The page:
A bridging loan is a temporary financing typically lasting one to two years. It covers the financial gap between purchasing a property and the arrangement or availability of a long-term funding source. Bridging loans are versatile and can be used in various scenarios. They offer a means of bridging the time gap between payment and receipt of funds. Although they are usually short-term arrangements, their terms can be negotiated.
This article will answer some most common questions regarding bridging loans.
How Do You Qualify For A Loan?
Bridging loans rely on collateral as security, so having adequate collateral increases the likelihood of a successful application.
Borrowers typically repay the principal and interest in a lump sum at the end of the term rather than through monthly payments. As a result, the loan-to-value (LTV) ratio for fast-bridging loans is typically capped at 75% of the collateral’s value. It is because the LTV considers the accumulated interest and potential changes in the collateral’s value.
How Much Deposit Do You Need To Secure A Bridging Loan?
Bridging lenders establish their limits for the maximum amount of deposit or equity required in the asset used as collateral, which generally falls between 25% to 40%. Typically, applicants opt to deduct the fees and even the upfront interest payments from this amount, resulting in the minimum 25% deposit appearing more like a 30% deposit.
Another factor to consider is the basis for the valuation of the asset. While some lenders base their valuations on the market value, others use the quick sale value as a benchmark.
What Interest Rate Do Bridging Loans Charge?
Since bridge loans are intended for short-term financing, interest rates are quoted monthly, ranging from below 1% to over 2%, depending on the collateral available.
Typically, bridging loan interest rates are higher than mortgages and similar funding options, primarily due to their short-term nature. However, it’s essential to remember the risk/reward tradeoff, where higher collateral leads to lower risk and, as a result, a relatively lower interest rate. If the lender has substantial collateral as a fallback, it will limit their risk exposure.
Are Bridging Loans Bad?
Bridging loans can be a valuable source of finance if used wisely, but they can also result in collateral loss and financial difficulties if used recklessly.
Many individuals are concerned about the high-interest rates associated with bridge loans. However, these loans are typically repaid within a few weeks or months, so the actual interest charged is unlikely to be as high as the annual interest rate suggests.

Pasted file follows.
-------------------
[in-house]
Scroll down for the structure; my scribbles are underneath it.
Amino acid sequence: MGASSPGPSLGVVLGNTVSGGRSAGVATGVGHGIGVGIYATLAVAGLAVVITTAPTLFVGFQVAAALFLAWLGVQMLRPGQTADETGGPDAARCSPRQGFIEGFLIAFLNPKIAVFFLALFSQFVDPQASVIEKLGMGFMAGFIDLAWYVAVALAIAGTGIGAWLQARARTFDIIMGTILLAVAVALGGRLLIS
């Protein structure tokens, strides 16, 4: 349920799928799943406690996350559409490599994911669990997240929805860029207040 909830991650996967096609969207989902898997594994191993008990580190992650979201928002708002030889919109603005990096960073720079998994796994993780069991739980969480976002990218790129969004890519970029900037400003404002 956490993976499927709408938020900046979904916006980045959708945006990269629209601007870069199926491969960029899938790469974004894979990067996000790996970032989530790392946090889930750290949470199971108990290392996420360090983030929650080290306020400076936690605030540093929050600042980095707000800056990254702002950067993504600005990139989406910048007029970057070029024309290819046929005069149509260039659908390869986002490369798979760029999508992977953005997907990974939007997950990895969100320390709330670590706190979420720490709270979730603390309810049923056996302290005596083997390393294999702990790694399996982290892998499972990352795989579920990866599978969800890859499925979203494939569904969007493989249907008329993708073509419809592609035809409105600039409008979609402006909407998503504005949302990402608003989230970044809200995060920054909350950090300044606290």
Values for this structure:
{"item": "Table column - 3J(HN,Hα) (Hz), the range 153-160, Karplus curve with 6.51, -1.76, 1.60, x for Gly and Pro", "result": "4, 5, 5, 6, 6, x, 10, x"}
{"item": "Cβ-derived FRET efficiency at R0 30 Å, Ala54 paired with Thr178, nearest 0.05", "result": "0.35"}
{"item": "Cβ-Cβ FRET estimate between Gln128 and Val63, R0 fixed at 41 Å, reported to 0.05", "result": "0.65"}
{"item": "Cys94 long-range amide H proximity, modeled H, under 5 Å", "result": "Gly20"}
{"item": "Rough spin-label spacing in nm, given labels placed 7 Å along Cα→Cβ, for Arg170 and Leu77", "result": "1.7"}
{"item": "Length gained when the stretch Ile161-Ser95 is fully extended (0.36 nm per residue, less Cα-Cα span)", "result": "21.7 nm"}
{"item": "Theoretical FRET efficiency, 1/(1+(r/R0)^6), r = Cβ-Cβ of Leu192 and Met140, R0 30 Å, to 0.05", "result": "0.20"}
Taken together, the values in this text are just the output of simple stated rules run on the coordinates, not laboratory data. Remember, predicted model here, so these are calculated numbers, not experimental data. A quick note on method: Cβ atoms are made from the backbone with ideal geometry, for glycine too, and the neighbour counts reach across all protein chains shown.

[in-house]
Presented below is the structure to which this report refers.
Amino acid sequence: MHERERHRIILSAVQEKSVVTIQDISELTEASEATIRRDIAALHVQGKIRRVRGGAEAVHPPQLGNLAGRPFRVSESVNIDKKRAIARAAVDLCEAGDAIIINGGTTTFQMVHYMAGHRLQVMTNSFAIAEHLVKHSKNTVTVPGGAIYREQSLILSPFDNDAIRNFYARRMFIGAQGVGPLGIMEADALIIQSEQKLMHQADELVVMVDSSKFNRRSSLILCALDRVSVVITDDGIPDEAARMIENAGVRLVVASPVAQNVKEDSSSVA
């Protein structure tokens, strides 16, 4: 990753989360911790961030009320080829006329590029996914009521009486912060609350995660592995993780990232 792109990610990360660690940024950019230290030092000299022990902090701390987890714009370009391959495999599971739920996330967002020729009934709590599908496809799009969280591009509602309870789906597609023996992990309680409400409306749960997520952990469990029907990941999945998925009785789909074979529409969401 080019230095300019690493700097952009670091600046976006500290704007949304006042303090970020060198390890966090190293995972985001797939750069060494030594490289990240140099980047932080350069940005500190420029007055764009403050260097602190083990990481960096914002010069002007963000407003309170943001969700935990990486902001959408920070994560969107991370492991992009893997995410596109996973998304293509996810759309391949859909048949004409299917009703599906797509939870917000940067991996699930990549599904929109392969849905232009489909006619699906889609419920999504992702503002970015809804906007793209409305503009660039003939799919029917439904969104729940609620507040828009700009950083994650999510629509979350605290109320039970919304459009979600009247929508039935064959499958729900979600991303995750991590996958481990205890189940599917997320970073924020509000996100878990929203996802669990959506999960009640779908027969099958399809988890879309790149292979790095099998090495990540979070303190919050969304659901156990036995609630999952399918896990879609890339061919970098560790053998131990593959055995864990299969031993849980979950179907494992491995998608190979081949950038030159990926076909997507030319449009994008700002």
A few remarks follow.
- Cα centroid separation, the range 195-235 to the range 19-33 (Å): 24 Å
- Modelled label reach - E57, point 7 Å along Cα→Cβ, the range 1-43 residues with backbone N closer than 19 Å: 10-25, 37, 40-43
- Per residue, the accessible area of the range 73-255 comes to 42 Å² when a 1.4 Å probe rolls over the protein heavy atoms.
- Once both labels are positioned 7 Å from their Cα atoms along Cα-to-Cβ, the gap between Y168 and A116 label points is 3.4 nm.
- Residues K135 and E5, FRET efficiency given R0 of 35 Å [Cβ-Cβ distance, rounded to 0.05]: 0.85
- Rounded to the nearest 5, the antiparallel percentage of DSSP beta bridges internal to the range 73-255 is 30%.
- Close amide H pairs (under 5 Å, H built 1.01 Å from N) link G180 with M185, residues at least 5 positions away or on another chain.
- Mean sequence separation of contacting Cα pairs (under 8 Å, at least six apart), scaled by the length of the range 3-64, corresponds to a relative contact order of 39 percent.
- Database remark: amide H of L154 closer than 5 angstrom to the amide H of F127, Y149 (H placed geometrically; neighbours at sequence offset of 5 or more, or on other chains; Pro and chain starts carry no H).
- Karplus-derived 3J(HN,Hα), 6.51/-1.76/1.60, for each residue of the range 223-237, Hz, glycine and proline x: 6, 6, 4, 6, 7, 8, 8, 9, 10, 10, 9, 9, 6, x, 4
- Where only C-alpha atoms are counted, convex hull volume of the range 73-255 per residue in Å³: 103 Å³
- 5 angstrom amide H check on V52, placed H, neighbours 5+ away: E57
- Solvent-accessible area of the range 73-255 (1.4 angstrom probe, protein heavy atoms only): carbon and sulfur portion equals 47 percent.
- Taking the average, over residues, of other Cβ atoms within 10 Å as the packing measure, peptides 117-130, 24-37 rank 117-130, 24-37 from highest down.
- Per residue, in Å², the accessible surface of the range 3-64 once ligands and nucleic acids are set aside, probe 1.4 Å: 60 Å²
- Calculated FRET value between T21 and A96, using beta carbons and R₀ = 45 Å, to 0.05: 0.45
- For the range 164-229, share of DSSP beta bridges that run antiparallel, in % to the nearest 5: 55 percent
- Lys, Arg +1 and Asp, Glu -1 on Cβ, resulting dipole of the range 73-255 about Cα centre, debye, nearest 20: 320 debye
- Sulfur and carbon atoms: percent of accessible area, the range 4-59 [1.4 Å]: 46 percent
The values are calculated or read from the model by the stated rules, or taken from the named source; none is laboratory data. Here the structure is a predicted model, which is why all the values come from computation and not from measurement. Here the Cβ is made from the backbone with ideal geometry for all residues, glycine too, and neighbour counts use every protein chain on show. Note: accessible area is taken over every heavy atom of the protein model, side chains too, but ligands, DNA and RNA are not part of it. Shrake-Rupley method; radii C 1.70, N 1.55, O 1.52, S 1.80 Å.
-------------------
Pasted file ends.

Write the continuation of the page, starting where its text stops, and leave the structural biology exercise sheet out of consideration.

When utilized correctly, bridging loans can be an effective means of addressing short-term cash flow problems. Debt can be advantageous if treated with respect but can become a harsh adversary if treated carelessly.
Can You Get A Bridging Loan Without Having A Property?
If you’re a first-time buyer seeking a bridging loan, remember that the most favorable terms are typically reserved for experienced applicants. If you own multiple properties, cross-charges may enable you to access equity.
Bridging lenders will also evaluate your wealth, income, and experience to determine whether to support your application.
How Is It Difficult To Get A Bridging Loan?
The process of applying for a bridging loan is relatively simple, with a focus on the collateral used as security for the loan. Providing sufficient collateral, which acts as a safety net for the lender, will enhance the likelihood of a successful application.
Unlike mortgage applications, bridging loans do not require an affordability calculation because no monthly payments are involved. Therefore, your application should be carefully considered if you possess adequate collateral to cover the bridge finance, a repayment method, and an exit plan. However, lenders must be realistic when evaluating the borrower’s finances against the risks they are taking on.
Why Are Bridging Loans Expensive Than Mortgage Loans?
Bridging loans are often taken out to make an asset usable for the broader market, such as by adding a functional kitchen and bathroom. However, while the property is not immediately marketable, traditional mortgage lenders may avoid it since they require the ability to sell it instantly if they need to repossess it. Bridging loans can address title deeds or roll interest issues instead of assessing monthly affordability. Essentially, bridging loans carry a higher degree of risk for the lender, reflected in the fees and interest rates they charge.
What Type Of Security Do You Need For Bridging Loan?
When applying for a bridging loan, real estate is the most commonly used type of collateral. However, in theory, any asset could be used as security.
In practice, lenders prefer to accept relatively safe and stable collateral, such as real estate, that will maintain its value. Other assets, such as classic cars or art collections, could be used, but they may carry more volatility and lead to a reduced maximum loan-to-value ratio. Therefore, discussing the potential collateral with the lender at the earliest opportunity is crucial.
Read More: How does a bridging loan work?
In conclusion, bridging loans can be useful in various situations, such as purchasing a property or addressing short-term cash flow problems. However, they come with their risks and should be used wisely. When applying for a bridging loan, it’s essential to have sufficient collateral to act as security, understand the interest rates and fees, and have a repayment plan. Considering these factors, a bridging loan can be a valuable financial solution.
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